13. ^ Altman, DG; KF Schulz, D Moher, M Egger, F Davidoff, D Elbourne, PC Gøtzsche, T Lang, Consort Group (Consolidated Standards of Reporting Trials) (2001-04-17). "The revised CONSORT statement for reporting randomized trials: explanation and elaboration". Annals of Internal Medicine 134 (8): 663–694. doi:10.7326/0003-4819-134-8-200104170-00012. PMID 11304107. 
  14. ^ a b c "Magnet therapies 'have no effect'". BBC. 2006-01-06. Retrieved 2009-08-18. 
  15. ^ a b c Pittler, Max H. (March 2008). "Static magnets for reducing pain". Focus on Alternative and Complementary Therapies 13 (1): 5. doi:10.1211/fact.13.1.0003. Retrieved 2009-08-18. 
  16. ^ a b James D. Livingston. "Magnetic Therapy: Plausible Attraction?". Skeptical Inquirer. 
  17. ^ "Magnetic Therapy". American Cancer Society. December 2012. Retrieved September 2013. 
  18. ^ Richmond, S. J.; Brown, S. R.; Campion, P. D.; Porter, A. J. L.; Moffett, J. A. K.; Jackson, D. A.; Featherstone, V. A.; Taylor, A. J. (2009). "Therapeutic effects of magnetic and copper bracelets in osteoarthritis: A randomised placebo-controlled crossover trial☆☆". Complementary Therapies in Medicine 17 (5–6): 249–256. doi:10.1016/j.ctim.2009.07.002. PMID 19942103.  edit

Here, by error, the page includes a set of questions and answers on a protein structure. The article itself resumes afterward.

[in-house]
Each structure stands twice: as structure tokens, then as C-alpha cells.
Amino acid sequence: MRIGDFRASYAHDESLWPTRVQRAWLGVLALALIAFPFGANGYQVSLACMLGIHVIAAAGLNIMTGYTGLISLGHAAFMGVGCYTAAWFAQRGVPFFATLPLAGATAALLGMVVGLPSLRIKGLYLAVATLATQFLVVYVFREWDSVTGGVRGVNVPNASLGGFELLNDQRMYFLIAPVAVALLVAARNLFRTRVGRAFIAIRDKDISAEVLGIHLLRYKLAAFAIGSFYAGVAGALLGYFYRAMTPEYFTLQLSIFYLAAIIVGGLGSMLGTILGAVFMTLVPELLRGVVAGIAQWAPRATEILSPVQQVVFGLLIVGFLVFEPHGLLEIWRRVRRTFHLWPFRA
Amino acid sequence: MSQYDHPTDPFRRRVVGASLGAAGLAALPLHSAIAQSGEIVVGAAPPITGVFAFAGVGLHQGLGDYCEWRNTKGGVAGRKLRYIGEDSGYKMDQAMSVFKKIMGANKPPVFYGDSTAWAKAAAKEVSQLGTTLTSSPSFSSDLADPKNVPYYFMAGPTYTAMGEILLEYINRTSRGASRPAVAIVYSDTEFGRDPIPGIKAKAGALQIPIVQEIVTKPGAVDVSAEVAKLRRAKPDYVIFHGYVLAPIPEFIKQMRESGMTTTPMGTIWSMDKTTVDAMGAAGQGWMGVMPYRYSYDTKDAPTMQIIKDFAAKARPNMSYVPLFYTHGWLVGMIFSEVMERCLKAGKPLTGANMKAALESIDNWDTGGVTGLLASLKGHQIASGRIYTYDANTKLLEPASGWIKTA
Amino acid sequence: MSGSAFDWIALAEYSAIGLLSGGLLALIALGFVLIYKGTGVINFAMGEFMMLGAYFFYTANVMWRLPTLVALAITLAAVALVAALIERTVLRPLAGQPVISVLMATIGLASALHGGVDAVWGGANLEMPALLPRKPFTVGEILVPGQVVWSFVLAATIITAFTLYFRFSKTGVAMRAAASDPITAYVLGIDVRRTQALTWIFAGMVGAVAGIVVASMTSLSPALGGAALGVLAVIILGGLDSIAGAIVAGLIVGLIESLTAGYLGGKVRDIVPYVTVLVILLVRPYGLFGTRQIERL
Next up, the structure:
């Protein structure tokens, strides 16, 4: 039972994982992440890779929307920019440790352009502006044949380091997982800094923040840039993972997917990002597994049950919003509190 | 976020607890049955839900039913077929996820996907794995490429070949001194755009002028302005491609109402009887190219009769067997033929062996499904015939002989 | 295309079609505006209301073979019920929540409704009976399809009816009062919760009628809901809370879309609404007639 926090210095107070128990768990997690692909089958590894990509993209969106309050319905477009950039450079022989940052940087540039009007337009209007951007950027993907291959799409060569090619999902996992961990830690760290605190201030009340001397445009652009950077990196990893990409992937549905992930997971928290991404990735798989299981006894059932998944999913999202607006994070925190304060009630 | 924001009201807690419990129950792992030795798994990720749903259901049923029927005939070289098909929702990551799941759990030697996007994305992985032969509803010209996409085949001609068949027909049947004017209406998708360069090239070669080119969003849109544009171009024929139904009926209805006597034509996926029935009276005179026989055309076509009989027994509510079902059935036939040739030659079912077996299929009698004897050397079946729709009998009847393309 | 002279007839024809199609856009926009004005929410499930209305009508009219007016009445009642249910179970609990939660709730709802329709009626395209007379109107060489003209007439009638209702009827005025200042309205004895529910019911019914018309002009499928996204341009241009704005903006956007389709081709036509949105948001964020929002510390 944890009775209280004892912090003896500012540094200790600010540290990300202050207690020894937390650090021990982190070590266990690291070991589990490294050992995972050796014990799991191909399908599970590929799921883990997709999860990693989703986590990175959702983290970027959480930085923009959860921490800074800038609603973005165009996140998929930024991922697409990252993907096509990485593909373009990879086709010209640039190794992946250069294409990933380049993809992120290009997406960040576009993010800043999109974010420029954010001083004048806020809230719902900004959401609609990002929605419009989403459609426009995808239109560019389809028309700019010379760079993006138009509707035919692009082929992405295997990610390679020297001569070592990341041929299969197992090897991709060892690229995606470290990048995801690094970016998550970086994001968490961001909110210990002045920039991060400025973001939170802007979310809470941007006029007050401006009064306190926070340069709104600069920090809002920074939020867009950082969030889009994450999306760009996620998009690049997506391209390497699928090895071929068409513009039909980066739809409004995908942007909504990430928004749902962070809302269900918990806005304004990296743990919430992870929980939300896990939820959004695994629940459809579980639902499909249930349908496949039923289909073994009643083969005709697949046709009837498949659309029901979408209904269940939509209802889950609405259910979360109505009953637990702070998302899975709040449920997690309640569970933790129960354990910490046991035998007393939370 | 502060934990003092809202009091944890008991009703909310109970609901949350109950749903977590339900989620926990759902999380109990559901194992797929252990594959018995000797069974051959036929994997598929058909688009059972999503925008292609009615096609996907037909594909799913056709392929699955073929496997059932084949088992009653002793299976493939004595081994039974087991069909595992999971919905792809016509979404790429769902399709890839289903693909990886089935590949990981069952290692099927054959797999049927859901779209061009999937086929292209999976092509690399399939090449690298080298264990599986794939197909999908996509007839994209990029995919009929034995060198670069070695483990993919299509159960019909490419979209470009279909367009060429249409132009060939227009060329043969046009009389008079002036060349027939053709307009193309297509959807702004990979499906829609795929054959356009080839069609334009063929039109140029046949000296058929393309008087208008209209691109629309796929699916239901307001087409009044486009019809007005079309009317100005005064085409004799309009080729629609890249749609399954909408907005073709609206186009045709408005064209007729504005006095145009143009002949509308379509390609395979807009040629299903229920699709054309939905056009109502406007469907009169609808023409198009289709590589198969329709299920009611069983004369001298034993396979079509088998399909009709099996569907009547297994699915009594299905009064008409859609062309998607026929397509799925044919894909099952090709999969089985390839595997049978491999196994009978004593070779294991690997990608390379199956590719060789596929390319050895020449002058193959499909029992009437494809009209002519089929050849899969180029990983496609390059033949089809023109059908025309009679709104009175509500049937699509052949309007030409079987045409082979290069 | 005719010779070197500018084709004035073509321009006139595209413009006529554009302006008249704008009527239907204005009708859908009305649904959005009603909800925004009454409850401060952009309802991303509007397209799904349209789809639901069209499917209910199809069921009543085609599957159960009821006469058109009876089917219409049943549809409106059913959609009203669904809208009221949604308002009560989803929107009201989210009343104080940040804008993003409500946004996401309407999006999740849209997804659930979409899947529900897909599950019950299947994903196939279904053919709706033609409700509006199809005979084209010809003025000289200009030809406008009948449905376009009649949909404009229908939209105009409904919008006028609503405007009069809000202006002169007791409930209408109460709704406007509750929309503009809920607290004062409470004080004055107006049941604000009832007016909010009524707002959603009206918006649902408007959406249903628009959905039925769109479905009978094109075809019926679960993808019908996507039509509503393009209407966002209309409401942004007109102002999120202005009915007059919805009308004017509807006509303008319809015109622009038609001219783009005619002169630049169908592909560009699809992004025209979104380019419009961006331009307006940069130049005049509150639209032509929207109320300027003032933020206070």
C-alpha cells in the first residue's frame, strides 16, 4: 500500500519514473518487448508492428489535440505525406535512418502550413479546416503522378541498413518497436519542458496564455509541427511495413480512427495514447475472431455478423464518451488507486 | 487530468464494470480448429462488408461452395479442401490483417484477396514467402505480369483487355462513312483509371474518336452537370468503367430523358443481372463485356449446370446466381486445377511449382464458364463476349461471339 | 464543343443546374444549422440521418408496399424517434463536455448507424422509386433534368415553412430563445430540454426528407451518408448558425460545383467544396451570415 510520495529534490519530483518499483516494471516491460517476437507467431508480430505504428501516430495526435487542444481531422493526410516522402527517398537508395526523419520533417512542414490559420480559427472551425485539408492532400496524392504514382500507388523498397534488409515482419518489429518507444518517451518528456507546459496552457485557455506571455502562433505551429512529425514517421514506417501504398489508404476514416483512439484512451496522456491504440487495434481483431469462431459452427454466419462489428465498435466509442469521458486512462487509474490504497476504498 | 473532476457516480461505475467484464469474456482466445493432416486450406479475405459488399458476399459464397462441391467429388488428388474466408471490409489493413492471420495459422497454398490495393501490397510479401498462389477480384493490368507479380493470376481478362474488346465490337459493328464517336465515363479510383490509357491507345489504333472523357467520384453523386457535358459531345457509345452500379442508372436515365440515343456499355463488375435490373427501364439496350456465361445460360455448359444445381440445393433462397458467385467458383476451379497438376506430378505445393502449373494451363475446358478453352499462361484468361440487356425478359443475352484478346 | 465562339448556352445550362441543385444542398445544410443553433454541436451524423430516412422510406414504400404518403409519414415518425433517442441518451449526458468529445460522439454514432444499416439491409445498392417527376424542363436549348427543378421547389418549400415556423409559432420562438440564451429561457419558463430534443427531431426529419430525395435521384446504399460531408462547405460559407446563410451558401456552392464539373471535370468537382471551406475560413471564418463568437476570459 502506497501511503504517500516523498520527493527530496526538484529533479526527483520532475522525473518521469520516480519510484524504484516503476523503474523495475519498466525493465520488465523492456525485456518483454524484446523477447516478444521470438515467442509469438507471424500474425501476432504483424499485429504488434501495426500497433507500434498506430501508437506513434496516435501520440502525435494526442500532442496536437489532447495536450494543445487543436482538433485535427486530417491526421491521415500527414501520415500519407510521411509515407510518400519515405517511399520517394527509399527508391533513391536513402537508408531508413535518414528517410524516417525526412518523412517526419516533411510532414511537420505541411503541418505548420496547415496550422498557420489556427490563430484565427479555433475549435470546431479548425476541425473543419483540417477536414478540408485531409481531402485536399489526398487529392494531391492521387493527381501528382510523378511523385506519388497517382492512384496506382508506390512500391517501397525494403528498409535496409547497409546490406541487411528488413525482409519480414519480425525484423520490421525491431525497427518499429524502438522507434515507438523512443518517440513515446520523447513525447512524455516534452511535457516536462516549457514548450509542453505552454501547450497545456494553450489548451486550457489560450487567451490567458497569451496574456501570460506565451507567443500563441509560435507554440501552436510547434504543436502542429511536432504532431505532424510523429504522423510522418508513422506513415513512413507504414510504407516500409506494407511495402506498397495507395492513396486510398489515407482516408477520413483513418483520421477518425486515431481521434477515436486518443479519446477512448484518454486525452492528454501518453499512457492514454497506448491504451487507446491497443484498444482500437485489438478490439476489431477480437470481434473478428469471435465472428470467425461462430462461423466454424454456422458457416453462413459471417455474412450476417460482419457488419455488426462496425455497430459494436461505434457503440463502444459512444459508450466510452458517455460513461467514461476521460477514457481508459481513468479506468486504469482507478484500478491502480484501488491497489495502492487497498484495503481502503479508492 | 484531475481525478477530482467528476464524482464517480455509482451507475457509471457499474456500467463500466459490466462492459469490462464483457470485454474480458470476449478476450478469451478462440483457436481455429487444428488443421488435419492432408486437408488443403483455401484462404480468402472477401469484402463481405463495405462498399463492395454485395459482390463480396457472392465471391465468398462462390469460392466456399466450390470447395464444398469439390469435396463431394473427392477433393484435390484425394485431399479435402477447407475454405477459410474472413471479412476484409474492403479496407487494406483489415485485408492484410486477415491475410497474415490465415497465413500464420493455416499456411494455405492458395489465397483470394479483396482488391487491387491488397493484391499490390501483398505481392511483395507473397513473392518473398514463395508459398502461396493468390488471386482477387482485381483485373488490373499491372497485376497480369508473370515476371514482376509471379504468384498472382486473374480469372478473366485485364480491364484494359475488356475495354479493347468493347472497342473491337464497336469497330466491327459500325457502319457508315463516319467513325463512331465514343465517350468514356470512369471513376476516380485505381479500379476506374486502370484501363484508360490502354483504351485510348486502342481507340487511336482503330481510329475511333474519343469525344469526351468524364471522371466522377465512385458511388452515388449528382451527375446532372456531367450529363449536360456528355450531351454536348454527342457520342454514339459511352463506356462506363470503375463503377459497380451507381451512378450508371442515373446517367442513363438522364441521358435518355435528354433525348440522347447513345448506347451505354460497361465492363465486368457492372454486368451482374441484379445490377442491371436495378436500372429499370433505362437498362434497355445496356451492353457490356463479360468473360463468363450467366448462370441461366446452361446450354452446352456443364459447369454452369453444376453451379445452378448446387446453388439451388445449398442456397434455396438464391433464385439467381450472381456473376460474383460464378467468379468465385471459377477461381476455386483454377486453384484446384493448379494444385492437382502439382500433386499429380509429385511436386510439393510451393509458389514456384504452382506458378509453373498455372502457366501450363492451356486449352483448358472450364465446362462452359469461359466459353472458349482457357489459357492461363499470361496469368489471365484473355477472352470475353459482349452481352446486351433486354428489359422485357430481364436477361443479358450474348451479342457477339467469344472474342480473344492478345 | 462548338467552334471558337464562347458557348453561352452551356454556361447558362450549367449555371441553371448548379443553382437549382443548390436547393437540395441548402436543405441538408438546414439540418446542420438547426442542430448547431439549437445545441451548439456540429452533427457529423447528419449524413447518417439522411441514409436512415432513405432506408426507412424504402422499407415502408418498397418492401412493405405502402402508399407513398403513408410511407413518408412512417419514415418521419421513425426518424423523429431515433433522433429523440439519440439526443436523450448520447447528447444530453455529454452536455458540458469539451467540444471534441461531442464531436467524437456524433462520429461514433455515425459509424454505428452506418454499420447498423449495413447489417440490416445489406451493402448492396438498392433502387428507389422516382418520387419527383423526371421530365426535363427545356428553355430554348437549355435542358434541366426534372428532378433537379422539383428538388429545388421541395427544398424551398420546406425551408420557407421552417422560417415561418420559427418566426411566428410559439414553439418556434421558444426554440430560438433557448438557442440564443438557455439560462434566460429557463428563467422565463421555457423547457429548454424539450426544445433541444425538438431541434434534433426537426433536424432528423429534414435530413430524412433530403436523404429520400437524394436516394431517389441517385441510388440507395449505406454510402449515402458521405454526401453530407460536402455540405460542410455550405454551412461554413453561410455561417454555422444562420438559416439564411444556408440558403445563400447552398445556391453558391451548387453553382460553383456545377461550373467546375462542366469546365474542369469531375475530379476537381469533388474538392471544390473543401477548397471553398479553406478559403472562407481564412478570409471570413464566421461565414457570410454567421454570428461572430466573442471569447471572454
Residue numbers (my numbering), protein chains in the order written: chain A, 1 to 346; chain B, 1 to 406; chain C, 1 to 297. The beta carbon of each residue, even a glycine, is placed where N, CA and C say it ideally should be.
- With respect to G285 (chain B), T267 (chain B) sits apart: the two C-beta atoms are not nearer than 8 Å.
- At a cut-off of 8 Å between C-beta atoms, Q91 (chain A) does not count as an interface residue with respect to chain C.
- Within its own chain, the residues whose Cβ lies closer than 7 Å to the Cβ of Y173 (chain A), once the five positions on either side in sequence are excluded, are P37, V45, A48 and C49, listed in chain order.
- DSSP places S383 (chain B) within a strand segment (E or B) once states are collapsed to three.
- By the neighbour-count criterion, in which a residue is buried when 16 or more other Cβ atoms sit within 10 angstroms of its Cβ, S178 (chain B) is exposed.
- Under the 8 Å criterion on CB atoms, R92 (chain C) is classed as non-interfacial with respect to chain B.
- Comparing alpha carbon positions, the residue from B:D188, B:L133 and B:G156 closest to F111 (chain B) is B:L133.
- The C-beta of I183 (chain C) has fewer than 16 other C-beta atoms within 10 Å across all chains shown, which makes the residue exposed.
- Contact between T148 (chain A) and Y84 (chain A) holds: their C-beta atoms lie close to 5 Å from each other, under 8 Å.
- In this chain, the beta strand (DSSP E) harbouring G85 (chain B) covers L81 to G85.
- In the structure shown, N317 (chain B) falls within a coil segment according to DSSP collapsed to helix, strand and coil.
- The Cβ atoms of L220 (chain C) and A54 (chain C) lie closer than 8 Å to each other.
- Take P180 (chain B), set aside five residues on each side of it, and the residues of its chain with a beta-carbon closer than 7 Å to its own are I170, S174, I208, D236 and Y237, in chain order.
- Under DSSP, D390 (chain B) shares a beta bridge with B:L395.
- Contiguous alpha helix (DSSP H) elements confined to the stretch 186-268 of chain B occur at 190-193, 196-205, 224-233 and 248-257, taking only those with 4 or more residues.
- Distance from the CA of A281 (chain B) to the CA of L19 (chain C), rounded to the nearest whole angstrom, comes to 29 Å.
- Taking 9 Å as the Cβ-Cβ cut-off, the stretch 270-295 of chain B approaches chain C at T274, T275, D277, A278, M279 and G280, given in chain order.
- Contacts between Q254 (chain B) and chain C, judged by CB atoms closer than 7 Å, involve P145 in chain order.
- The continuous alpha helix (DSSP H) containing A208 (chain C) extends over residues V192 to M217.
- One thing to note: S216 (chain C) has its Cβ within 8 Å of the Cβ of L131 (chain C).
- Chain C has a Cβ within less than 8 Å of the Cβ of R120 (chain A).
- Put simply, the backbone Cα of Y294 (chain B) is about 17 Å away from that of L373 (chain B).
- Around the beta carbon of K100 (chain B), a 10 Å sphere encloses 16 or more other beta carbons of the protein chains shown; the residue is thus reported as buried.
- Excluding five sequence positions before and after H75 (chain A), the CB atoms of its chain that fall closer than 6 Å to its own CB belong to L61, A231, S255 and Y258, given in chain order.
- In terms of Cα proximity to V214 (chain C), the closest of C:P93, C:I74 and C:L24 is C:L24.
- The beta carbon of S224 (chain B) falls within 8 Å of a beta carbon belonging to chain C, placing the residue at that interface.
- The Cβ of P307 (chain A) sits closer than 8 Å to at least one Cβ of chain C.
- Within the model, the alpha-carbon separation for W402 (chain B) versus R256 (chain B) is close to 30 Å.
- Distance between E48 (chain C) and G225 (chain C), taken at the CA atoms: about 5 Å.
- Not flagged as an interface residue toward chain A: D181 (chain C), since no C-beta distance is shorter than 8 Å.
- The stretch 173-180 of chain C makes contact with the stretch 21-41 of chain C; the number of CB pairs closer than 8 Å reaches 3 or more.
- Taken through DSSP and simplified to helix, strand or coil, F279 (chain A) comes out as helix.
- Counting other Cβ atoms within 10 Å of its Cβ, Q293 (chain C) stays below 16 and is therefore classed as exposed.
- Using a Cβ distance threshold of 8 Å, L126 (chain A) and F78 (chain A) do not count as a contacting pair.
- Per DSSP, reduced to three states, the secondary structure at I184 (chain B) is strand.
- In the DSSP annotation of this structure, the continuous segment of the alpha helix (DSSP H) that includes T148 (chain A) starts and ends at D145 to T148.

19. ^ "Copper bracelets and arthritis". NHS Choices. 2009-10-19. Retrieved 2009-11-03. 
  20. ^ National Science Board (2002). Science and Engineering Indicators – 2002. Arlington, Virginia: National Science Foundation. pp. ch. 7. ISBN 978-0-16-066579-0.  "Among all who had heard of [magnet therapy], 14 percent said it was very scientific and another 54 percent said it was sort of scientific. Only 25 percent of those surveyed answered correctly, that is, that it is not at all scientific."
  21. ^ "Magnets". CDRH Consumer Information. Food and Drug Administration. 2000-03-01. Archived from the original on 2008-04-24. Retrieved 2008-05-02. 

External links[edit]